Allergen Description

To date no allergens have been characterised.

Potential Cross-Reactivity

High cross-reactivity is often found among different species within the same family. There is a relatively high degree of cross-reactivity between species of the family Fagaceae, (3) and extensive cross-reactivity within the genus Fagus has been demonstrated. (4) There is strong cross-reactivity between oak and members of the birch family, Betulaceae. (5)

Partial identity between the major allergens of birch, beech, alder, hazel and oak pollen extract has been demonstrated by means of in vitro specific-IgE and other tests. (6)

Clinical Experience

IgE mediated reactions

In studies on patients with seasonal rhinitis, it was found that birch, beech, alder, hazel, bog-myrtle and oak pollens are most important as causes of springtime hay fever. (7, 8) However, beech pollen does not play the most significant role in causing hay fever.

Rhinitis and asthma caused by exposure to beech wood dust in wood workers has also been described. (9, 10, 11) Furthermore, exposure to beech dust may lead to the development of sore throat and bronchial hyper-responsiveness. (12)

In a study in Westchester County in the state of New York, of skin-prick tests to 48 aeroallergens in100 patients referred for allergic rhinitis, 65% had a positive SPT to at least 1 aeroallergen, of which 16% were positive to beech. (13) In an earlier study of hypersensitivity towards prevalent tree pollens in the New York area, the highest prevalence of hypersensitivity was for oak (34.3%), then birch (32.9%), maple (32.8%), American beech (29.6%), hickory (27.1%), ash (26%), elm (24.6%), and poplar (20.6%). (14)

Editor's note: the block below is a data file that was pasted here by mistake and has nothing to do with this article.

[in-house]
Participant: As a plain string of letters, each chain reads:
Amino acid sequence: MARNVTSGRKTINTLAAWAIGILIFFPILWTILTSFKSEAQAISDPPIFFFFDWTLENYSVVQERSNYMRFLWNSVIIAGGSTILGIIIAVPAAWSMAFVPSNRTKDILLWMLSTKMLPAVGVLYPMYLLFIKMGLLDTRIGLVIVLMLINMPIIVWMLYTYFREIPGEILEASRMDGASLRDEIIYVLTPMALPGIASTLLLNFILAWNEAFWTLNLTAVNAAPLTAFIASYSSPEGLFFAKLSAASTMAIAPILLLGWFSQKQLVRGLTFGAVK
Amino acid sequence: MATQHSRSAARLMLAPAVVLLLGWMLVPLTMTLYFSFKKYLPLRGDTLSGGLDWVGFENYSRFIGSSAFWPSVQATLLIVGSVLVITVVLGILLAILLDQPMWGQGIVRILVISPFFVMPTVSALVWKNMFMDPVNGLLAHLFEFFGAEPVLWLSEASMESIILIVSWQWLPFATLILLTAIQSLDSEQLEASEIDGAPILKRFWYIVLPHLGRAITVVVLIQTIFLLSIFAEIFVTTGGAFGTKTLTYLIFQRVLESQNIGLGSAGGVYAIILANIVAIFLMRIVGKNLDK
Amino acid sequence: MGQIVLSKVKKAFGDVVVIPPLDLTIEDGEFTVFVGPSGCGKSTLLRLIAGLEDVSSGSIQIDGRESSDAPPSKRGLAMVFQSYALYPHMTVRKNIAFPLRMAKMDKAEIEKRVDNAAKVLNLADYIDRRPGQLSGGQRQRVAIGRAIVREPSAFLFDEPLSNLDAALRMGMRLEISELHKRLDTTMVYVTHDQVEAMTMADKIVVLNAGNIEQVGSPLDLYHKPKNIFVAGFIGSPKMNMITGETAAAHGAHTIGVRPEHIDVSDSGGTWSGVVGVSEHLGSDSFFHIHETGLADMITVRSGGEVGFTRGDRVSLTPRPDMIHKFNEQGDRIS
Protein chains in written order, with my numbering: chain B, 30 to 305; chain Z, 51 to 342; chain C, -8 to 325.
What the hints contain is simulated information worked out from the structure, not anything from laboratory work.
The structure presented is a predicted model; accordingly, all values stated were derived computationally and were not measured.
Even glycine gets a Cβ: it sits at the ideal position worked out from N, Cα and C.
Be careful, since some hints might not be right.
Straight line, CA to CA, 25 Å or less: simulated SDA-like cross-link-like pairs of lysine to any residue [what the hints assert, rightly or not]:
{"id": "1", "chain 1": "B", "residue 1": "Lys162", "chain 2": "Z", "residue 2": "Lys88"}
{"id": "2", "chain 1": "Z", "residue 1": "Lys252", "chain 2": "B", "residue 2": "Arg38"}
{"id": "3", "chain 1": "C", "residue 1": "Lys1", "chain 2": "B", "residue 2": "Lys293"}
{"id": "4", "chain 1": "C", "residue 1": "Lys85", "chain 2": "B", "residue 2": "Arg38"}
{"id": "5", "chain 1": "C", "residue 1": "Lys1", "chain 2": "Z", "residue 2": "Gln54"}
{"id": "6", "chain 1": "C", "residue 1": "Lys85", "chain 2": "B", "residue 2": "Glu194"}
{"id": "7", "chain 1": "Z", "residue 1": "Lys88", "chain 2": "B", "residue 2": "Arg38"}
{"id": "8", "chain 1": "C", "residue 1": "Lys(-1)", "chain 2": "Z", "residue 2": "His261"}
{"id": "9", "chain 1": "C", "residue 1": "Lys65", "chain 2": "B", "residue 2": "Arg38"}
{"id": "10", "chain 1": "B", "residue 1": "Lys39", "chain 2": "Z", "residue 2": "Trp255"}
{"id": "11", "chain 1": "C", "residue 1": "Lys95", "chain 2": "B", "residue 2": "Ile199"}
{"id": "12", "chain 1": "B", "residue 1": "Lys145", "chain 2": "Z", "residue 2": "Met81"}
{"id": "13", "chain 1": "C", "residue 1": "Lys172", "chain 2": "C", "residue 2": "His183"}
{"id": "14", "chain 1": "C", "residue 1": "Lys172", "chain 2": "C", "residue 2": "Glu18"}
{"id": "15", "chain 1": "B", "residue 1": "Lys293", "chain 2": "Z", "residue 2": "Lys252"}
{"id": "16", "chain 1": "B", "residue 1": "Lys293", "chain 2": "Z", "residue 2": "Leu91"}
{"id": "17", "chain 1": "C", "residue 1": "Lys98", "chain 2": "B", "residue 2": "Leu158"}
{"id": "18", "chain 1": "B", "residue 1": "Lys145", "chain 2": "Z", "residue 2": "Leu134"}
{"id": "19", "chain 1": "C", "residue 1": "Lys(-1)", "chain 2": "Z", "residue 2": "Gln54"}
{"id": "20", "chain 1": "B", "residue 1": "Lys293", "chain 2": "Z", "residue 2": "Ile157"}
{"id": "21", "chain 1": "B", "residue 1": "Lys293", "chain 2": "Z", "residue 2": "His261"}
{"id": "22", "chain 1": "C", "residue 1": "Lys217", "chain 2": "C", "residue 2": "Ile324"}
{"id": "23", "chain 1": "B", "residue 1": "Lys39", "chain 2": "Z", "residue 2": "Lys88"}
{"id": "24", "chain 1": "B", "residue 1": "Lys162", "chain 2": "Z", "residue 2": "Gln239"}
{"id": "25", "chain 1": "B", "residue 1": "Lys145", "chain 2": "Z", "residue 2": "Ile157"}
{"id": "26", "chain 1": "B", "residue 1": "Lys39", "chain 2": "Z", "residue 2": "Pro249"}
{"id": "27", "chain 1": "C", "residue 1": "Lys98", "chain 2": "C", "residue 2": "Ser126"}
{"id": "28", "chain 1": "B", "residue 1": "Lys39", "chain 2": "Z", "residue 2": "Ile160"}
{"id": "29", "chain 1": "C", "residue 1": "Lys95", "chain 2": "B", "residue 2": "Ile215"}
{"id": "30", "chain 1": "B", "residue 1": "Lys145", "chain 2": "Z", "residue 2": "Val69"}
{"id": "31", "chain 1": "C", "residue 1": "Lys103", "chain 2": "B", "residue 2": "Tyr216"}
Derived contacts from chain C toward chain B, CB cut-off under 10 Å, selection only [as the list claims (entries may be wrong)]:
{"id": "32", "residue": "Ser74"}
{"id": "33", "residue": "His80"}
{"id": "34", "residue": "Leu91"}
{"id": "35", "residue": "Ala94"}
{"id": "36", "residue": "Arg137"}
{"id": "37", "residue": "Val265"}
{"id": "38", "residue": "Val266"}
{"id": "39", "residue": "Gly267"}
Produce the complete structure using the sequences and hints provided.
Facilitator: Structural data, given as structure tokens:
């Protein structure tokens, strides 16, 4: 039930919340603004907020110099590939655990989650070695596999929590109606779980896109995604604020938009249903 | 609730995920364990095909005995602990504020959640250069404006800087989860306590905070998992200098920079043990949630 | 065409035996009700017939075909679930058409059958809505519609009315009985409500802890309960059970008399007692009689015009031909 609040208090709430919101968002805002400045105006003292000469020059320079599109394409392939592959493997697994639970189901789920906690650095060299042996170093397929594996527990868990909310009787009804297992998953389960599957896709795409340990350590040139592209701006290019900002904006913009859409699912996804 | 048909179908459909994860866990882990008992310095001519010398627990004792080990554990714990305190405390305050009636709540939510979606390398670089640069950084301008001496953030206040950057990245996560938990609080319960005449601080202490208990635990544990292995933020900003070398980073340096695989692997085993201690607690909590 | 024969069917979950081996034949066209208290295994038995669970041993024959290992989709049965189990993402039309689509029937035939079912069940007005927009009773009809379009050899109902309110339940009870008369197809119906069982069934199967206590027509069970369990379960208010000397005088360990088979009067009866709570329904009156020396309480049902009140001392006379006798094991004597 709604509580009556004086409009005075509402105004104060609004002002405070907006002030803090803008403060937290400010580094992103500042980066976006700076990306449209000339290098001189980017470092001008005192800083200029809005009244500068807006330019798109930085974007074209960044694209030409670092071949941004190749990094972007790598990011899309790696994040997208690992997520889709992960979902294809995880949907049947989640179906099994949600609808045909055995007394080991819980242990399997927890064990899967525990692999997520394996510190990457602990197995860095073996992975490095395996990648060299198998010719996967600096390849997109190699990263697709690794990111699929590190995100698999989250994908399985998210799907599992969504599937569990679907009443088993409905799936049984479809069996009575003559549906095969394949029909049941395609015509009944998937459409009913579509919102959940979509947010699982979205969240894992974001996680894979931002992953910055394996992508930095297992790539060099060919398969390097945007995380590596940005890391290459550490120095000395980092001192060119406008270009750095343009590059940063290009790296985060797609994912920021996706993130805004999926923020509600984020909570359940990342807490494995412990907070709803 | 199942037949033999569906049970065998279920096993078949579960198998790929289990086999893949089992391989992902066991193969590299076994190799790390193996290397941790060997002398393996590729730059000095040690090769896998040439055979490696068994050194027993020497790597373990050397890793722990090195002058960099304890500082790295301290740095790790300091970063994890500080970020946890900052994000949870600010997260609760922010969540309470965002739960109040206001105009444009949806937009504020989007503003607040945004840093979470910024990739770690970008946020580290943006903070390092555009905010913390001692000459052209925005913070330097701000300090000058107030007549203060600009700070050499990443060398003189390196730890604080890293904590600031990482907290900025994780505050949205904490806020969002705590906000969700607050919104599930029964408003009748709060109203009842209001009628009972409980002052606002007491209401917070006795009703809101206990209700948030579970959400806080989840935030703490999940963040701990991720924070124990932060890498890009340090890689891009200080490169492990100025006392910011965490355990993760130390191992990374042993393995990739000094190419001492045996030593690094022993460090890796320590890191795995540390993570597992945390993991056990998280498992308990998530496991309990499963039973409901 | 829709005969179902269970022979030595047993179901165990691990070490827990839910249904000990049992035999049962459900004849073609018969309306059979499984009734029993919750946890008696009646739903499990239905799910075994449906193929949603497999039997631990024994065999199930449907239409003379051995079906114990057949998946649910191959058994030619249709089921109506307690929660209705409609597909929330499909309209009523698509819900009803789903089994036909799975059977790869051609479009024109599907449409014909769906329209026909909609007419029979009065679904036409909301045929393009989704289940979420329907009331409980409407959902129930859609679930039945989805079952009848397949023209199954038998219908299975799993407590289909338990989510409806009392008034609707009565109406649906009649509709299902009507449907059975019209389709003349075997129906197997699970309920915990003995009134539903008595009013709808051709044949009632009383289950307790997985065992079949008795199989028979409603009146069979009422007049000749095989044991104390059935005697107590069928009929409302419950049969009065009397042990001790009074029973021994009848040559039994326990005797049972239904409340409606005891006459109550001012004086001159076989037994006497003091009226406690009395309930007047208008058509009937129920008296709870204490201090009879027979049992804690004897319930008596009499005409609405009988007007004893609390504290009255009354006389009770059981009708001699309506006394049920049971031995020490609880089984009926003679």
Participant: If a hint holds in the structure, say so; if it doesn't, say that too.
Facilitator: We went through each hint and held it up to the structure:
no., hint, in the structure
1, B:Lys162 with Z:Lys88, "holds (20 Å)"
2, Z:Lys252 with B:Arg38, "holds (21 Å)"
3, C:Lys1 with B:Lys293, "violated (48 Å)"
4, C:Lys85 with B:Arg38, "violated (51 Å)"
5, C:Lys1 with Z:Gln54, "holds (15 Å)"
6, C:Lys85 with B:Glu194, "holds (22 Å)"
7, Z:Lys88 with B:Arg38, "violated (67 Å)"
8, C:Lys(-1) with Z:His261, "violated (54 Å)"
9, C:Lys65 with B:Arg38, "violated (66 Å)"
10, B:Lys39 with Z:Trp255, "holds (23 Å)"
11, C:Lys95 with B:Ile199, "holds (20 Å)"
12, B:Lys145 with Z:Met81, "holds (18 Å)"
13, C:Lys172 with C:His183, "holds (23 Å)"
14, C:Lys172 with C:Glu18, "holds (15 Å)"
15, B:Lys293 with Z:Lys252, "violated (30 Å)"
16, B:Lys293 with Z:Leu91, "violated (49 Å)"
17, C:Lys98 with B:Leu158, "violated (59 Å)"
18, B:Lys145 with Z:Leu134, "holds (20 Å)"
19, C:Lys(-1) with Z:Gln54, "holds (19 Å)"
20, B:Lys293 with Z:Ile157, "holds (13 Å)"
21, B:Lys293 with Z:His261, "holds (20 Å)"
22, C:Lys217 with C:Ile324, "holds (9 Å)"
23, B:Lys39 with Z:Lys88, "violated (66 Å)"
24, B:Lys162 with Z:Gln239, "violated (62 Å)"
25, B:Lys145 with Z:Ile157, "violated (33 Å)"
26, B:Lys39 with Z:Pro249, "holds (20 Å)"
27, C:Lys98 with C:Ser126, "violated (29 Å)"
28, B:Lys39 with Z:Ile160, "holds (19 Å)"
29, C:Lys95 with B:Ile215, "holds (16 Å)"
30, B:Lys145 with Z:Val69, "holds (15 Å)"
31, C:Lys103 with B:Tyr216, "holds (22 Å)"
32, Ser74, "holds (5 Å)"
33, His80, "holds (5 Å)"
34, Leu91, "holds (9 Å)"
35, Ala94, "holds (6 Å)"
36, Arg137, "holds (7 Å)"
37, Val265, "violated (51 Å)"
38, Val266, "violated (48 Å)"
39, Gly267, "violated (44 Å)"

In Japan, investigation of stored sera demonstrated IgE antibodies directed at American beech. (15)

Fagus spp. pollen has been recorded in the air of Bilecik in Turkey (16) and in Lublin (eastern Poland). (17) The pollen of Fagus spp has also been reported in the air of Zurich, Switzerland. (18)

Other reactions

Occupational contact allergy from beech wood has been described. (19) 

Compiled by Dr Harris Steinman, harris@allergyadvisor.com 

References

  1. Weber RW. American beech. Ann Allergy Asthma Immunol 2004;92(5):A-6.
  2. Wikipedia contributors, ‘Beech’, Wikipedia, The Free Encyclopaedia, http://en.wikipedia.org/wiki/beech. Accessed 14 December 2012.
  3. Yman L. Botanical relations and immunological cross-reactions in pollen allergy. 2nd ed. Pharmacia Diagnostics AB. Uppsala. Sweden. 1982: ISBN 91-970475-09.
  4. Eriksson NE, Wihl JA, Arrendal H, Strandhede SO. Tree pollen allergy. III. Cross reactions based on results from skin prick tests and the RAST in hay fever patients. A multi-centre study. Allergy 1987;42(3):205-14.
  5. Weber RW. Cross-reactivity of plant and animal allergens. Clin Rev Allergy Immunol 2001;21(2-3):153-202.